A US research team, led by Dr Jan E. Schnitzer, have taken apart one of our body's natural delivery systems and worked out how it functions. They pinpointed a tiny machine that scoops up molecules from the cells lining the blood vessels of mice and rats – and transports them into neighbouring lung and breast tumours.
And they think this could help develop a new way to force cancer drugs across the blood vessels and into the tumour.
The researchers found this molecule by first filtering out tiny structures called caveolae from tumour samples and from normal tissue. Caveolae are like microscopic nets that fish out molecules from the membrane on one side of a cell and help deliver them to the opposite side.
They found that one protein – called annexin A1 – was present in the caveolae from tumour samples, but not from healthy tissue.
The researchers then injected a specially-designed fluorescent molecule – called an antibody – into the bloodstream of mice with tumours. The antibody was designed to stick to annexin A1 and illuminate it. Once they injected the antibody, the researchers found that the tumours lit up, as annexin A1-containing cavaeoli pumped the fluorescent antibodies through the blood vessels walls and into the tumour.
"This is an important discovery," says Ng, whose research team is also looking at new ways to image and treat tumours.
"By identifying a molecule that is actively pumped through the blood vessel to reach tumour cells they may have discovered a very specific way of seeing where tumours are and then also, potentially, delivering drugs to those cells."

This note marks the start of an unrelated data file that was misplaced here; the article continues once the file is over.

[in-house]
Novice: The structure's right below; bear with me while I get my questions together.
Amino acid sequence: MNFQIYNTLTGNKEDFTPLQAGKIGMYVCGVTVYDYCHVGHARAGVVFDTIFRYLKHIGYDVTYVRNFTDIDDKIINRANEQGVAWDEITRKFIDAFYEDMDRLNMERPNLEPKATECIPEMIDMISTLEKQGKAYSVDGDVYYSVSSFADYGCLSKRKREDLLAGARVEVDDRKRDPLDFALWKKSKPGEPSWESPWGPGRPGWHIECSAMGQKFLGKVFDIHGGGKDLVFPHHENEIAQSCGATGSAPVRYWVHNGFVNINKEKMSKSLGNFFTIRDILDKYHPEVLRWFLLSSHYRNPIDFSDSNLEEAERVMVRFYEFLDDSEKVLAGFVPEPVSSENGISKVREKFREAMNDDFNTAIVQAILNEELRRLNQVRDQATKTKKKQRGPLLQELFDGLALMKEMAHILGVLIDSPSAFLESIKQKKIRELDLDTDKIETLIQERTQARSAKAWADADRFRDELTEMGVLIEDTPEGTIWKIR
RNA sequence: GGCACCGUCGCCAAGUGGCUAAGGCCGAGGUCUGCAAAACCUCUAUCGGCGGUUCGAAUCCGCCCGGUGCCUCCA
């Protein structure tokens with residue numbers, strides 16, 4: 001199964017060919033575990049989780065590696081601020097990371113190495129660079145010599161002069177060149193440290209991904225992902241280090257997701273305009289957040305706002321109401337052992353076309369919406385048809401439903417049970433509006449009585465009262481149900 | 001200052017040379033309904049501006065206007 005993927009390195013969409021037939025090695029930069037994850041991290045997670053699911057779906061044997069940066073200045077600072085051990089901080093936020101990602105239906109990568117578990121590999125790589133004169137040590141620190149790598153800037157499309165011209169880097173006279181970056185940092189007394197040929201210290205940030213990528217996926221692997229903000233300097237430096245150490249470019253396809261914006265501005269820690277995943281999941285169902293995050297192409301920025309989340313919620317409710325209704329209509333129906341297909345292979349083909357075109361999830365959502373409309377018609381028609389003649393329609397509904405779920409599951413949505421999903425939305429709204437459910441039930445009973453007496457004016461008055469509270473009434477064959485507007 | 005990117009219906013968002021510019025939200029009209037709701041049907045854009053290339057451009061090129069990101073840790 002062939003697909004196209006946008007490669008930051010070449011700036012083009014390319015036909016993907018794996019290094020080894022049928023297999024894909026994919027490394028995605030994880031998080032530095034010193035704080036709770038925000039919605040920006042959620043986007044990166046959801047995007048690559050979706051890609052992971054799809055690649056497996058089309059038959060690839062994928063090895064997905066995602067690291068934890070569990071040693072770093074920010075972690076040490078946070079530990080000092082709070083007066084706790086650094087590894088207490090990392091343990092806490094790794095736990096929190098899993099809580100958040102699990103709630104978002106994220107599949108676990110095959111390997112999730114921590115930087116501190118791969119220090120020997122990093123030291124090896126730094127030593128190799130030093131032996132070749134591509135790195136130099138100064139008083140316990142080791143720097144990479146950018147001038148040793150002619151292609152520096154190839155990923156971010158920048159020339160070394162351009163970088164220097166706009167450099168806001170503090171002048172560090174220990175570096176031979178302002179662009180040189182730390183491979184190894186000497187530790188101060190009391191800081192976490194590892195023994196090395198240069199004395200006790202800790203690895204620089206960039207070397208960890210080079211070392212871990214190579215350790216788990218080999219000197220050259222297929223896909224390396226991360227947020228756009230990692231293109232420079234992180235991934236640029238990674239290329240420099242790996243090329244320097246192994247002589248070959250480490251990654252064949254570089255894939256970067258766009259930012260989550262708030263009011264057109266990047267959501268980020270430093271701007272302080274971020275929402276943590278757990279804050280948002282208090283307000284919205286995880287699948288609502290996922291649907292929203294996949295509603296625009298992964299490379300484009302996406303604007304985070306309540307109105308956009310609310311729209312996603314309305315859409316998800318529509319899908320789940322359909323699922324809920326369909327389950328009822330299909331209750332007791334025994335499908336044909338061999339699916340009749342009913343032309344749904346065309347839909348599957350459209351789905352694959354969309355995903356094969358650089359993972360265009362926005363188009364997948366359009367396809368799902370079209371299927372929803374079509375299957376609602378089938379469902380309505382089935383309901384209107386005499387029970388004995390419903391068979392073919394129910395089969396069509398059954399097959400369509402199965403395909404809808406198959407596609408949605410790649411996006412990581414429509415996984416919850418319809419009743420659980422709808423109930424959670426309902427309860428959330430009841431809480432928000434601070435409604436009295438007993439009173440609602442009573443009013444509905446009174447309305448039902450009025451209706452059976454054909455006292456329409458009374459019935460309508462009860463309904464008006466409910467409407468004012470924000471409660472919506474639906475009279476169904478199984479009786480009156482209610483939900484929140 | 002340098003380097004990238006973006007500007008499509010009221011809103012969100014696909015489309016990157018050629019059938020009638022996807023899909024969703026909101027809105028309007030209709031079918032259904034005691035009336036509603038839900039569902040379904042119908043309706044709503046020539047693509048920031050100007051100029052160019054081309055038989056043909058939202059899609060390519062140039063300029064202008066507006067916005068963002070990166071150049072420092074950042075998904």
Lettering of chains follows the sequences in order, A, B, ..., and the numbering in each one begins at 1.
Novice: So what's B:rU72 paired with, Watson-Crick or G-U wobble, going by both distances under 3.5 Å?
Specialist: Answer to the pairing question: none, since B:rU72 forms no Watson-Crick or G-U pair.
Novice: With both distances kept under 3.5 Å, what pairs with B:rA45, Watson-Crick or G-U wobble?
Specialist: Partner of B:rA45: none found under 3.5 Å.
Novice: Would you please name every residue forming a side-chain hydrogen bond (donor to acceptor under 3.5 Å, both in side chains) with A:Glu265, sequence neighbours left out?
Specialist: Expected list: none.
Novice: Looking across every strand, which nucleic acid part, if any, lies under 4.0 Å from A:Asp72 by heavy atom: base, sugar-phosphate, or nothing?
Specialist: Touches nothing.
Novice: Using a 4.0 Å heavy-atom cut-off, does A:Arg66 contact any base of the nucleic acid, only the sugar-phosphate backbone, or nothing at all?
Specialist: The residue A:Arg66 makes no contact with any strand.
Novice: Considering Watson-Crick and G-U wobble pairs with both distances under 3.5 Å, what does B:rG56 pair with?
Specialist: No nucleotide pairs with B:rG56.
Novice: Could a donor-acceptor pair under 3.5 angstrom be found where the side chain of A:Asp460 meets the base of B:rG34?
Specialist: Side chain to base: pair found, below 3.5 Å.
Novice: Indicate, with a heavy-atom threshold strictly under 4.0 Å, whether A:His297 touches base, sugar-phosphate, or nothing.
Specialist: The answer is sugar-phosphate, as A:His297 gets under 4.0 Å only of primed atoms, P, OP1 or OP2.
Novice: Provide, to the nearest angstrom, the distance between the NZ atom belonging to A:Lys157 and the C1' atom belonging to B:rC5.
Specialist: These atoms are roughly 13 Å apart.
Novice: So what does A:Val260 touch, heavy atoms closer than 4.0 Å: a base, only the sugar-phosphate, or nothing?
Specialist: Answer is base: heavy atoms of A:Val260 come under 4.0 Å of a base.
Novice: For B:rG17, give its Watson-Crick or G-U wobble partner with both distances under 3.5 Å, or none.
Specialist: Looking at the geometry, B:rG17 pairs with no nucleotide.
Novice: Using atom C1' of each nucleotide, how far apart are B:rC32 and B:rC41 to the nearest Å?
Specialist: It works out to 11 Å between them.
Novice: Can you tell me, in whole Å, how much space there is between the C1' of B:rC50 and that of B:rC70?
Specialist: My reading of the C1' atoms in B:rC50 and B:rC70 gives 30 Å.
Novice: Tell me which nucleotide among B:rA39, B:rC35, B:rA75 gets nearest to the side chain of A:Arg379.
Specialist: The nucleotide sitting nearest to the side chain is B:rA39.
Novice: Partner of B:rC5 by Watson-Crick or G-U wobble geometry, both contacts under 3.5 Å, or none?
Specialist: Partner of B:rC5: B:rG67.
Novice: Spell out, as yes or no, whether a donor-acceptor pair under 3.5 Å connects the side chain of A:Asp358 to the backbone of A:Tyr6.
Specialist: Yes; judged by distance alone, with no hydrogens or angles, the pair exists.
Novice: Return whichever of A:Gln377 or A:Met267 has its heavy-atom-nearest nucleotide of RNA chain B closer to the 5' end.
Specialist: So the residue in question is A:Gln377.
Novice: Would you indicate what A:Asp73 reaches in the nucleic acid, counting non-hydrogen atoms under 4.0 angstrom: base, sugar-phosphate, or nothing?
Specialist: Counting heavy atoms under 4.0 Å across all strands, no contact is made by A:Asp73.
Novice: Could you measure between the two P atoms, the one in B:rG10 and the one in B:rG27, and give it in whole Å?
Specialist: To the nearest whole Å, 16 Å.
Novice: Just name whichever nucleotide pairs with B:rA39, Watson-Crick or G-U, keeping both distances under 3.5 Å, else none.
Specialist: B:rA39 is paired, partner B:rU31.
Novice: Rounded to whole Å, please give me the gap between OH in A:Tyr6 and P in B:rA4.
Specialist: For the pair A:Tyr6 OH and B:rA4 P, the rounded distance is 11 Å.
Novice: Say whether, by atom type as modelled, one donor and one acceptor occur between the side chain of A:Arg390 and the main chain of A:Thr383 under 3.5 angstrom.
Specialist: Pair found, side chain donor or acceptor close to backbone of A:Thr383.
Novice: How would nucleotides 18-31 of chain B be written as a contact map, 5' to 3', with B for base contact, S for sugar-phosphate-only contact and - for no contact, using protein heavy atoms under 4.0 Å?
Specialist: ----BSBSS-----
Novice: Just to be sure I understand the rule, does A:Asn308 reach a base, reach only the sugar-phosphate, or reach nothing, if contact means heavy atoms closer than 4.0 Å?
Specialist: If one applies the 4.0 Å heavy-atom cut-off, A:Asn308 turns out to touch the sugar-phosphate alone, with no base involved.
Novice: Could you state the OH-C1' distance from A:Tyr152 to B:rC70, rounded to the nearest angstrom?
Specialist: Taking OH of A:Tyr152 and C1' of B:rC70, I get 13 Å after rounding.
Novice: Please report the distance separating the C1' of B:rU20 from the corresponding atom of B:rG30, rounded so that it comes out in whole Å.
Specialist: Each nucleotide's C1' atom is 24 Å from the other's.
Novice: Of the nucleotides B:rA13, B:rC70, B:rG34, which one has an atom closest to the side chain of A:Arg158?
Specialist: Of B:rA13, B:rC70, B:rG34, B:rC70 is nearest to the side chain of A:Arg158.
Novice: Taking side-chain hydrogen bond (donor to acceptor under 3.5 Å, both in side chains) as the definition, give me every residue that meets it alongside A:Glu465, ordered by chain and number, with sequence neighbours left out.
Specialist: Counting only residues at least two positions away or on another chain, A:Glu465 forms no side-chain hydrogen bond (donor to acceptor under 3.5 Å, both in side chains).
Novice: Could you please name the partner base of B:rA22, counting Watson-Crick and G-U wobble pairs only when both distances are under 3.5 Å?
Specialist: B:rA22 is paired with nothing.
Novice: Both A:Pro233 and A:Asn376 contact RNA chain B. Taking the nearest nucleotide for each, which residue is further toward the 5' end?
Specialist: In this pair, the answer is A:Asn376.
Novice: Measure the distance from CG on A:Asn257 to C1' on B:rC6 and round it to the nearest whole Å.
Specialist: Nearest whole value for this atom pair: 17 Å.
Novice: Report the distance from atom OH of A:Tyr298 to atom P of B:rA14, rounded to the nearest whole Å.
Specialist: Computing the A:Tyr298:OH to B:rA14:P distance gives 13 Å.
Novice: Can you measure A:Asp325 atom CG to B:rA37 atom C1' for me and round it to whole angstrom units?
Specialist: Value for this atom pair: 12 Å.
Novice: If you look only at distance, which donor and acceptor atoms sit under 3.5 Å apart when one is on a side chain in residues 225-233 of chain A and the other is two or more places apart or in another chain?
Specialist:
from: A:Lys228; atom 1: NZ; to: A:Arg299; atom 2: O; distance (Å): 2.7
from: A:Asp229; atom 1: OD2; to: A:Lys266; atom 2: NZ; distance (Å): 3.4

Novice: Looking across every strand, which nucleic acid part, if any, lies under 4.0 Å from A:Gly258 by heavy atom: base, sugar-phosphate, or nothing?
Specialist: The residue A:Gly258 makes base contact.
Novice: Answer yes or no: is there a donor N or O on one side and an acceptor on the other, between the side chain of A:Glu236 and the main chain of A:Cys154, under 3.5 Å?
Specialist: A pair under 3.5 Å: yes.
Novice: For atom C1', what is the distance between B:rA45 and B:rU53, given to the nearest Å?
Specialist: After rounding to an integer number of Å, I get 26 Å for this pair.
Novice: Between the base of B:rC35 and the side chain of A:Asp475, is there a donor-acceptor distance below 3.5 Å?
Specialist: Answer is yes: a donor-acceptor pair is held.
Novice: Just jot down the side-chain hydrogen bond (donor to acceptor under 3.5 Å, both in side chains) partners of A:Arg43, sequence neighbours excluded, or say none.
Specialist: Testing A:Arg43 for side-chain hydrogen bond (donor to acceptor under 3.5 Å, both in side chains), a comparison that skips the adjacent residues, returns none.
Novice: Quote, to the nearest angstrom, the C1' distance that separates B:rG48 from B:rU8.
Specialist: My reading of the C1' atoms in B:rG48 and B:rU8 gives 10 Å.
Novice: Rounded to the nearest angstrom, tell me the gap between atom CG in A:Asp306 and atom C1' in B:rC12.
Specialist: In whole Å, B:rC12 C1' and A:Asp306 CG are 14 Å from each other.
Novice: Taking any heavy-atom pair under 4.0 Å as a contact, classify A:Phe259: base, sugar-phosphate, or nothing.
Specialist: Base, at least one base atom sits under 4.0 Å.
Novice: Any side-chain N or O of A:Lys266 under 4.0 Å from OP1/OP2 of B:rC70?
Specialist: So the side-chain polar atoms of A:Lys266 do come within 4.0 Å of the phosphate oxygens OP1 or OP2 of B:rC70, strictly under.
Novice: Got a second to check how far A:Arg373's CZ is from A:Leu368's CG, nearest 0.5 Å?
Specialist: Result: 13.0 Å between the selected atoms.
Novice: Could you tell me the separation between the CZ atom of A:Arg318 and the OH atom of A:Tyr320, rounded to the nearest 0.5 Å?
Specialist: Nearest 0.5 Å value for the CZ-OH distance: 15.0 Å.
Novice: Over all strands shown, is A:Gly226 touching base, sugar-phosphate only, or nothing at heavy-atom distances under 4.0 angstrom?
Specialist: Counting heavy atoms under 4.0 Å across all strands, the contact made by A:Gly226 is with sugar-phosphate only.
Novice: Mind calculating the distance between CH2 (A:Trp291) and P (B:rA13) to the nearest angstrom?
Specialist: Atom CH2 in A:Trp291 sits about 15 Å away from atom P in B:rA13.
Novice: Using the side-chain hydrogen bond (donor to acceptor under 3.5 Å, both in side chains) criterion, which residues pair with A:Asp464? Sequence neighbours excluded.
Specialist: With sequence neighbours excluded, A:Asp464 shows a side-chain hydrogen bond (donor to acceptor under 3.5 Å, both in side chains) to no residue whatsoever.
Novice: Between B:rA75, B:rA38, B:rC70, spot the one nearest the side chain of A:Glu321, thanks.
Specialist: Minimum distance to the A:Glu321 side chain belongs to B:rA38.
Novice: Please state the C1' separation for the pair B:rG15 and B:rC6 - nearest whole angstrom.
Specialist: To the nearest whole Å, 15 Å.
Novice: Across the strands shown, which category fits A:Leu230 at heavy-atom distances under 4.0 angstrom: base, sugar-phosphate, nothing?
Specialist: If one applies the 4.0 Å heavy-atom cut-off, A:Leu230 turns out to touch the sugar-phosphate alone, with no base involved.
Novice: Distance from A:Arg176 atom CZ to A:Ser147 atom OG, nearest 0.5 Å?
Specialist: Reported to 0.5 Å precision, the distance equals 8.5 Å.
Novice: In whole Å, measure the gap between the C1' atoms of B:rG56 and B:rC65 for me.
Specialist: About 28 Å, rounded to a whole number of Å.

These findings must be taken with a portion of caution; while the team have shown that the annexin A1 molecule is a suitable target for lighting up tumours in mice, they are a long way off showing the same results in people. And they need to understand more about the finer details of the processes involved.
But in the future, Professor Ng sees potential applications for this discovery.
"If they can find a way to make their fluorescent tagging system work in human cancers, annexin A1 may make a useful target for seeing where tumours are in the body.
"This may involve fluorescent dyes that are approved for human use, or radioactive markers such as the ones we use for PET scanning," he says.
There's a lot more work to be done, but this study is a great example of how beating cancer will require more than just well-designed drugs.
As we've written about recently, researchers are now turning to the bigger picture, viewing cancer as more than just the rogue cells that make up a tumour. And we must understand how these cells sit alongside the body's healthy tissues, blood vessels and immune cells in order to discover truly effective treatments.
This includes finding new technologies that can be developed into accurate ways to spot cancer and treat it in the future. We're taking this 'bigger picture' approach in our own research, but it comes in incremental pieces – as this latest study shows.
If we focus on the bigger picture now, we will beat cancer sooner.
"Cisplatin-tethered gold nanospheres for multimodal chemo-radiotherapy of glioblastoma." Sonali Setua, et al. Nanoscale, 2014,6, 10865-10873. DOI: 10.1039/C4NR03693J. Received 02 Jul 2014, Accepted 21 Jul 2014. First published online 25 Jul 2014